VATIS Update Food Processing . Jan-Feb 2004

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Food Processing Jan-Feb 2004

ISSN: 0971-5649

VATIS Update Food Processing is published 4 times a year to keep the readers up to date of most of the relevant and latest technological developments and events in the field of Food Processing. The Update is tailored to policy-makers, industries and technology transfer intermediaries.

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WHO policy on diet and health

The World Health Organization (WHO) recently finalized its Global Strategy on Diet, Physical Activity and Health, due to be presented at the World Health Assembly scheduled for May 2004. Statistics with WHO show that the incidence of cardiovascular disease, diabetes and certain types of cancer account for 60 per cent of the some 56.5 million preventable deaths worldwide every year. An expert group commissioned by WHO to assess the impact of diet on chronic disease has called for a limit in the consumption of saturated and trans fats, and salt. It has also been suggested that no more than 10 per cent of our daily energy intake come from sugar. This report formed the basis for six regional consultations on the diet and health policy, involving more than 80 countries between May and June 2003.

The finalized strategy does not include the precise recommendations for sugar intake but does retain much of the expert groups proposals, including a shift away from consumption of saturated and trans fats, limited intake of free sugars and salt, and increased consumption of vegetables and fruits. WHO suggests that these recommendations will have to be translated into national rules in light of the local health scenario and dietary guidelines.


New food safety rules in the Republic of Korea

In a bid to improve the safety of food and agricultural products, the Republic of Korea plans to adopt new food/agricultural safety regulations known as Good Agricultural Practice (GPA). Funds have been set aside by the Ministry of Planning and Budget for basic land/water surveys and studies prior to the actual launch of the rules. Apart from stipulating food standards and guidelines for standard cultivation methods appropriate for local conditions, GPA will also serve as a system to certify the safety of products cultivated under its recommendations and guidelines. The Food and Agriculture Organization and Codex Alimentarius Commission have reviewed GPA guidelines as part of their efforts to strengthen international mechanisms aimed at improving food safety.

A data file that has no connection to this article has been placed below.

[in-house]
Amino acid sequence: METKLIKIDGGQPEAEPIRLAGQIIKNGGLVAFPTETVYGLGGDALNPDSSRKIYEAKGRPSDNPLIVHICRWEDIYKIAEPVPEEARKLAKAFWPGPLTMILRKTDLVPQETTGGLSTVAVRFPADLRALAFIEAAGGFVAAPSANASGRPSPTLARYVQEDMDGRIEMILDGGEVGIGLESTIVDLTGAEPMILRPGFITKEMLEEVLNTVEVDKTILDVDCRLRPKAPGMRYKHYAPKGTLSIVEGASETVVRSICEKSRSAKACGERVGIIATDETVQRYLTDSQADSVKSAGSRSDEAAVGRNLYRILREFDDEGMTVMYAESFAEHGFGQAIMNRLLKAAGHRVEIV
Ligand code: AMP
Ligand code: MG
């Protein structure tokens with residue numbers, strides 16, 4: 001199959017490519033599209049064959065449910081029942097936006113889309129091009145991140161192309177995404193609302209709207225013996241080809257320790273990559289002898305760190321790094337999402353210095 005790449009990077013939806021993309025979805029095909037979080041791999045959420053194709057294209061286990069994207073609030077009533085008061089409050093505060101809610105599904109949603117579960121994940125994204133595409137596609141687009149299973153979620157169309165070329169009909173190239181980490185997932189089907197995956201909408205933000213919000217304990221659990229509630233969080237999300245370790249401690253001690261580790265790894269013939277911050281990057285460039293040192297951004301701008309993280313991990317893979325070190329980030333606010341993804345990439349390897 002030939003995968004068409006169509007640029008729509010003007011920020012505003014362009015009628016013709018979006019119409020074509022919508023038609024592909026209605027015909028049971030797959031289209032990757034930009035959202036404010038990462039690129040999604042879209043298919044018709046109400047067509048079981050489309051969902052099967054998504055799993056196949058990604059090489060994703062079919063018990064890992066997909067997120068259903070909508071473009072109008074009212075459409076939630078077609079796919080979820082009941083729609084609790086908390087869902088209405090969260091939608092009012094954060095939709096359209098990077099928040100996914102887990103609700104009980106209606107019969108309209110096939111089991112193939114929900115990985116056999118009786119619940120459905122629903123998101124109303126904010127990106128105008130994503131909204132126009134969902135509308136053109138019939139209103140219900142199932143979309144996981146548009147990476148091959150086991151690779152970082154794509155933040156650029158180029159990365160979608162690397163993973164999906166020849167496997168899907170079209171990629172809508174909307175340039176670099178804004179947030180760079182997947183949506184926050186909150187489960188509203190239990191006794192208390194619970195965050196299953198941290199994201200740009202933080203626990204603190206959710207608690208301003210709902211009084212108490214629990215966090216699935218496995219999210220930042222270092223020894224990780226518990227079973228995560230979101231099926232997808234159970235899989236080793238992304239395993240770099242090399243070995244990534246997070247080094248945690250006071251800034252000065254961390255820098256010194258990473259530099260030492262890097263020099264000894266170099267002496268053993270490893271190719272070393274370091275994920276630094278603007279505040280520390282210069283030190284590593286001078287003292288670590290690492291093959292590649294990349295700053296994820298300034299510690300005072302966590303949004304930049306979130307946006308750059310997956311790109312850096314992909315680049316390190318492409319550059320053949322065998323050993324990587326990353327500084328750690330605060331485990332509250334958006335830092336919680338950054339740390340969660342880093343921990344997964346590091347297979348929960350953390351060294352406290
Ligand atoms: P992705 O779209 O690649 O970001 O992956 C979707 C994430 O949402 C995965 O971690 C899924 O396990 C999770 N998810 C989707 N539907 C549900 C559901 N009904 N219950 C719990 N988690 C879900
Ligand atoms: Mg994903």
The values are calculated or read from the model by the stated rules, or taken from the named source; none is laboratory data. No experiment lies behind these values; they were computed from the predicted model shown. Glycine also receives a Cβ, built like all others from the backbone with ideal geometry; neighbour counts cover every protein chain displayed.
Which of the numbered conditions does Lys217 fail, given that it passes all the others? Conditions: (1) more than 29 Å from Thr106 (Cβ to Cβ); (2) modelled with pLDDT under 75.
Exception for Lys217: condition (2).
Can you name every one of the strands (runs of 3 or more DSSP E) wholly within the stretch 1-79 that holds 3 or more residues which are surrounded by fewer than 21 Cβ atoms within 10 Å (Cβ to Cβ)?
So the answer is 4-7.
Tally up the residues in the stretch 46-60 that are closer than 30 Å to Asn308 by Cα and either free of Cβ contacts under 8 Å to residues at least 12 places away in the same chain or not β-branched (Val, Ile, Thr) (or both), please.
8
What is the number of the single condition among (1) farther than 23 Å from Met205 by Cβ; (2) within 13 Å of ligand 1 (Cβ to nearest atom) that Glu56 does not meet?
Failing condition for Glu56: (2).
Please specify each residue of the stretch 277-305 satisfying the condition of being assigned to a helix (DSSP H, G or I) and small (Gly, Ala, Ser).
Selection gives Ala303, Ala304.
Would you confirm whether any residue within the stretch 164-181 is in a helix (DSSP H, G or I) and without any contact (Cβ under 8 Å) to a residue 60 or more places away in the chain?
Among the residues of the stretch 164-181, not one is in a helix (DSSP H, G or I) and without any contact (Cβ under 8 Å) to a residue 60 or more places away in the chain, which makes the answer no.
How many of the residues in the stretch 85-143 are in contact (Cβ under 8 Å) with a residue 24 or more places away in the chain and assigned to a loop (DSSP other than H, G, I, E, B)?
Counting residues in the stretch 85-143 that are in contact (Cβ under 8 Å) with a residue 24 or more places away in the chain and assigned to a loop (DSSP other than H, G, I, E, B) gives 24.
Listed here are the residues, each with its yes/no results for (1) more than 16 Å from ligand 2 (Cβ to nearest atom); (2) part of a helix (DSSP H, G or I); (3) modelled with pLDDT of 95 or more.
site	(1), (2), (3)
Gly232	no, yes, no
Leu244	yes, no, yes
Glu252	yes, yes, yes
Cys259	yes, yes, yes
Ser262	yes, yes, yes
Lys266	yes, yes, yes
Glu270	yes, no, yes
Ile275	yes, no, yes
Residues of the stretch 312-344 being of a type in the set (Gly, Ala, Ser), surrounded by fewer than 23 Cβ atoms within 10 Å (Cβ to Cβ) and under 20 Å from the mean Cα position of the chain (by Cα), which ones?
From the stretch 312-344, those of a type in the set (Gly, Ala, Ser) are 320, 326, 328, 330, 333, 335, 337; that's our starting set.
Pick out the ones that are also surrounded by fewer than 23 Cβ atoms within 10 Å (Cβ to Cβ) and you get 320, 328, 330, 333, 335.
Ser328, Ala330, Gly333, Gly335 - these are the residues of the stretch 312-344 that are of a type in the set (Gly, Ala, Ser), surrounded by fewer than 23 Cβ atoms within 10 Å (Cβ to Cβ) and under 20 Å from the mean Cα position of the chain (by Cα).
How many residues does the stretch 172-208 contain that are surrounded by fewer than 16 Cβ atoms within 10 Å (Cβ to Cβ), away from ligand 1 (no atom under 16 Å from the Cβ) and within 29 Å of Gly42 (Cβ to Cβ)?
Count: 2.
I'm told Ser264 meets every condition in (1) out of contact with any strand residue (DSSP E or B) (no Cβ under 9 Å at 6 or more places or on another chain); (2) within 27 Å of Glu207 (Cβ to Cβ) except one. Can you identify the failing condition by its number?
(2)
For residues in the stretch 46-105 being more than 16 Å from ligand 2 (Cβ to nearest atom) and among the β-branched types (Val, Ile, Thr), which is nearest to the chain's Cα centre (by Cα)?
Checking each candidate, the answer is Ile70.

CFTRI applies for 105 international patents

The Central Food Technological Research Institute (CFTRI), India, has applied for 122 Indian patents and 105 international patents during 2002-03. The patents filed cover broader areas of food processing such as convenience foods, vegetables and fruits processing, plantation products and spices, equipment designs, meat-, fish- and poultry-based products, bakery products, fats, lipids and protein enriched foods, health and functional foods, and biotechnology products (enzymes). The institutes present patent portfolio has crossed 450 active patents.


New packing for chocolate bars

Cadbury India is to change the packing for its Dairy Milk chocolate bar following allegations that a batch had been infested with insects. As of January 2004, the chocolate bars would be packaged using a new impenetrable wrapper. The company has refuted allegations of infestation and blamed unhygienic storage methods adopted by distributors as the possible cause of such infestations.